And from what I can see, the angle between the intersecting meshes had some effect on how bad the raggedness is, but camera and lighting angle don’t, except to make it more visible. But I can’t change camera angle and lighting that drastically just to cover it up.

I haven’'t been able to re-create the problem, even though it has happened to me. Could you post a simple blend that illustrates the problem? I’ve tried toe get it with 2 intersecting Suzanne’s with subsurf on and deformed, but it didnt work.

I should be able to use the test file I’m working with now by simply applying the Armature and other modifiers to “freeze” things at that frame, then strip away all but the intersecting mesh area. If it is geometry-related, it should persist even through that kind of treatment. Materials and Lamps may need to all be the same, though, in case it’s related to those as well, though some of my other tests show it’s not. That will make this a big .blend file when packed because I’m using quite a few hi-rez texture maps.

BTW, I tried disabling all the textures for one test, still got the problem, and also when the intersection had the same Material on either side.

Like you, I’m not able to see this at all mesh intersections, and in fact this is the first time it’s been so pronounced, so it may be due to “special conditions” of this pose in terms of the relationship between the intersecting meshes. Identifying those conditions, or finding a way to fix the prob, will be of major use if later on it shows up again.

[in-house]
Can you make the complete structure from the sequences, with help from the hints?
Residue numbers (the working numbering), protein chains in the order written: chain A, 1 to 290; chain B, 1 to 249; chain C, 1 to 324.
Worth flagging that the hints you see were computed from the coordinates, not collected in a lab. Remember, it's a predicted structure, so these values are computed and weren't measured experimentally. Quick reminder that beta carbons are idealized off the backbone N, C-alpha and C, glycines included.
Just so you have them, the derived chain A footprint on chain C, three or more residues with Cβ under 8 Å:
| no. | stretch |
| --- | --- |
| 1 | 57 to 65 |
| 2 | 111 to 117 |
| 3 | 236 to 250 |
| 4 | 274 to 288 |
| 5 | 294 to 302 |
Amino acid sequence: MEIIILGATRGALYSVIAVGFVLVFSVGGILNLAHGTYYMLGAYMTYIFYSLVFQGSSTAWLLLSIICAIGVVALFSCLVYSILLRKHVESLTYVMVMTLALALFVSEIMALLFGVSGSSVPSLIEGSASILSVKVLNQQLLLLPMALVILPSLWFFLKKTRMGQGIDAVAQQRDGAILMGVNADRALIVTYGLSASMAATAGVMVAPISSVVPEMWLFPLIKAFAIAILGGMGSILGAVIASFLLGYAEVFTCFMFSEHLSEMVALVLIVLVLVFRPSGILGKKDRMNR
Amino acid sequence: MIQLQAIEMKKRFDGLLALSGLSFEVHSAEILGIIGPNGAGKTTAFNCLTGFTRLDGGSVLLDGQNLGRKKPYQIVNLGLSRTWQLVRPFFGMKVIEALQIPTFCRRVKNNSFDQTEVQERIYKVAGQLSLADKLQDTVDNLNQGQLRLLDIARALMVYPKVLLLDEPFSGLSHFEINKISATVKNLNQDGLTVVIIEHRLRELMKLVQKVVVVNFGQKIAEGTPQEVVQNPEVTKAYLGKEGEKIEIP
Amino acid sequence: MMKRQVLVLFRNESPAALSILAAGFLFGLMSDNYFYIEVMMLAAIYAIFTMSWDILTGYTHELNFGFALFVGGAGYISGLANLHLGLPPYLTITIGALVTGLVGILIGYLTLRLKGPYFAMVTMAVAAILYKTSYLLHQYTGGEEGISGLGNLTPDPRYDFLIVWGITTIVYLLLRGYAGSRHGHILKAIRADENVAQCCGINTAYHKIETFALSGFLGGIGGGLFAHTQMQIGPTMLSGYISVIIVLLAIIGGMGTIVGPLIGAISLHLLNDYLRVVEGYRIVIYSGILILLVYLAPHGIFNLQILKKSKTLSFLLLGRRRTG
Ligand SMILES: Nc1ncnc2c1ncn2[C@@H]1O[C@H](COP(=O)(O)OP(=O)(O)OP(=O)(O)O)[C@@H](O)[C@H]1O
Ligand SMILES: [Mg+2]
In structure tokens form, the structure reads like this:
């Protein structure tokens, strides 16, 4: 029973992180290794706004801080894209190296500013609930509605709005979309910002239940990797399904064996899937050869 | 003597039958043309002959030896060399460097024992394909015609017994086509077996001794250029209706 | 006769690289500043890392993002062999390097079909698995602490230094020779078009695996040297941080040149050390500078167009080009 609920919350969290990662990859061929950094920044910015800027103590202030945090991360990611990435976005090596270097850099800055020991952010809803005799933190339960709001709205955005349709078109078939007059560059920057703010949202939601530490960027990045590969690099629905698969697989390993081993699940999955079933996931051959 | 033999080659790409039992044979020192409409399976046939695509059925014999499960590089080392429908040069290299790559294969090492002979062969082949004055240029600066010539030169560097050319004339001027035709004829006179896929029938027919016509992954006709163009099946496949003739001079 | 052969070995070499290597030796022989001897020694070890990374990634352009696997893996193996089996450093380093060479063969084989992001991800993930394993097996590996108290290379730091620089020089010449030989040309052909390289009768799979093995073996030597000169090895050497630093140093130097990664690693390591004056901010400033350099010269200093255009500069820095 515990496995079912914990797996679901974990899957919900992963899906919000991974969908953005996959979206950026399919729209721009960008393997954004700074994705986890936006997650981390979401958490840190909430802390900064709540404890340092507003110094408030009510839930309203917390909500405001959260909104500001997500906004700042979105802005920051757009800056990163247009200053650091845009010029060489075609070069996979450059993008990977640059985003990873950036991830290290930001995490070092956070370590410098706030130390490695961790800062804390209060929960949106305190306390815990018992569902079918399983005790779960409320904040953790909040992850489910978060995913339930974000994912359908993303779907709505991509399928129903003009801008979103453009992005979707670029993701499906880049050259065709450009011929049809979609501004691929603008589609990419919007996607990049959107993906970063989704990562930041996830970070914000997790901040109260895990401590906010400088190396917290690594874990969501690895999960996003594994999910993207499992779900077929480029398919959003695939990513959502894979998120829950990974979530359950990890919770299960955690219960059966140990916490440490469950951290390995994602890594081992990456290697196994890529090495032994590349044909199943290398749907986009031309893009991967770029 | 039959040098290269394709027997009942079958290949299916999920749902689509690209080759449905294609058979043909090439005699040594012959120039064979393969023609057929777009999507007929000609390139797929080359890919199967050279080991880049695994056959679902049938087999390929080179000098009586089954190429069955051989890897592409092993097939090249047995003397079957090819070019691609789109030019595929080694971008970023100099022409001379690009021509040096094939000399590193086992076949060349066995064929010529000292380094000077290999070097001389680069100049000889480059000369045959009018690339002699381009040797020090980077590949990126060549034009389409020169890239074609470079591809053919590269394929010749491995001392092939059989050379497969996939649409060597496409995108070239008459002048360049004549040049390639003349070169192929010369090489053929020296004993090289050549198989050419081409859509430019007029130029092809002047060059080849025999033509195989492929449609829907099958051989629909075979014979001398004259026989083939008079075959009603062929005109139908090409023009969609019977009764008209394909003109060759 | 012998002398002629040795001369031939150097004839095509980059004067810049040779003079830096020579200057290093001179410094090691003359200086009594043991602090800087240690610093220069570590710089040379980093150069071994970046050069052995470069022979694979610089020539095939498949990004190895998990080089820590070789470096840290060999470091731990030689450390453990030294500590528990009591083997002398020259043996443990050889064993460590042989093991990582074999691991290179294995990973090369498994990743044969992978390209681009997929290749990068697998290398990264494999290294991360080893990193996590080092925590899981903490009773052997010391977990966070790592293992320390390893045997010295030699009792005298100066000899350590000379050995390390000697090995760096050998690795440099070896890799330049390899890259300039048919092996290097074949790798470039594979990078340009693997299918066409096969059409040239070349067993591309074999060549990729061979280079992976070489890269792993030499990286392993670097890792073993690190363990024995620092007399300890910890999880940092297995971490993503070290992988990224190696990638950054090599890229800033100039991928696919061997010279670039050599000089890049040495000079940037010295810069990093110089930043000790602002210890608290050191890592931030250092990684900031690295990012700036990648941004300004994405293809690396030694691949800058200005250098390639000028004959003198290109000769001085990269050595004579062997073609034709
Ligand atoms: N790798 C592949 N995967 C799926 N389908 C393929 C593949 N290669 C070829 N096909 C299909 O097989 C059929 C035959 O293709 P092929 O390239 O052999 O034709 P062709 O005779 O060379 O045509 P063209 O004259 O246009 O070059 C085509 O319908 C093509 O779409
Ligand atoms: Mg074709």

Have you tried using a different raytracer such as Yafaray?

I gotta chuckle a bit ironically at that suggestion – not that’s it’s not a good one, might help see where the problem is or isn’t, but unfortunately It’s not feasible at this point – too much of the look of the entire short is bound up in the Blender Internal’s capabilities and “style” of rendering.

I say ironically because I started out this project using the Yafray renderer, and really liked the results. But at one point Blender stopped supporting it in the same fashion, and it couldn’t do tangent space normal maps properly, so I had to switch to the BI – see the early pages of the Kata WIP thread (linked in my sig) if you want to see some early renders with Yafray. But that was before I started working with this costume, so this intersection issue never arose.

Might be something to test on a “theoretical” basis, though.

Anyway here’s a few more test results:

The subsurf has been applied to both meshes (level 1 on the figure, level 2 on the bra)

Here I’ve applied a level of multires as well, just to test it with higher rez meshes

Subsurf applied and the intersection sculpted to modify the intersecting angle – changes the look of the raggedness, lessens it, but doesn’t remove it. Still not as smooth as occluding mesh edges. This sort of imitates the shape key approach.

I’m outta ideas.

OK, geometry is NOT the problem:

Deciding to start from scratch, I stripped all the Materials off both meshes, back to the default that you get when first creating any kind of mesh. Voila, no raggedy andys.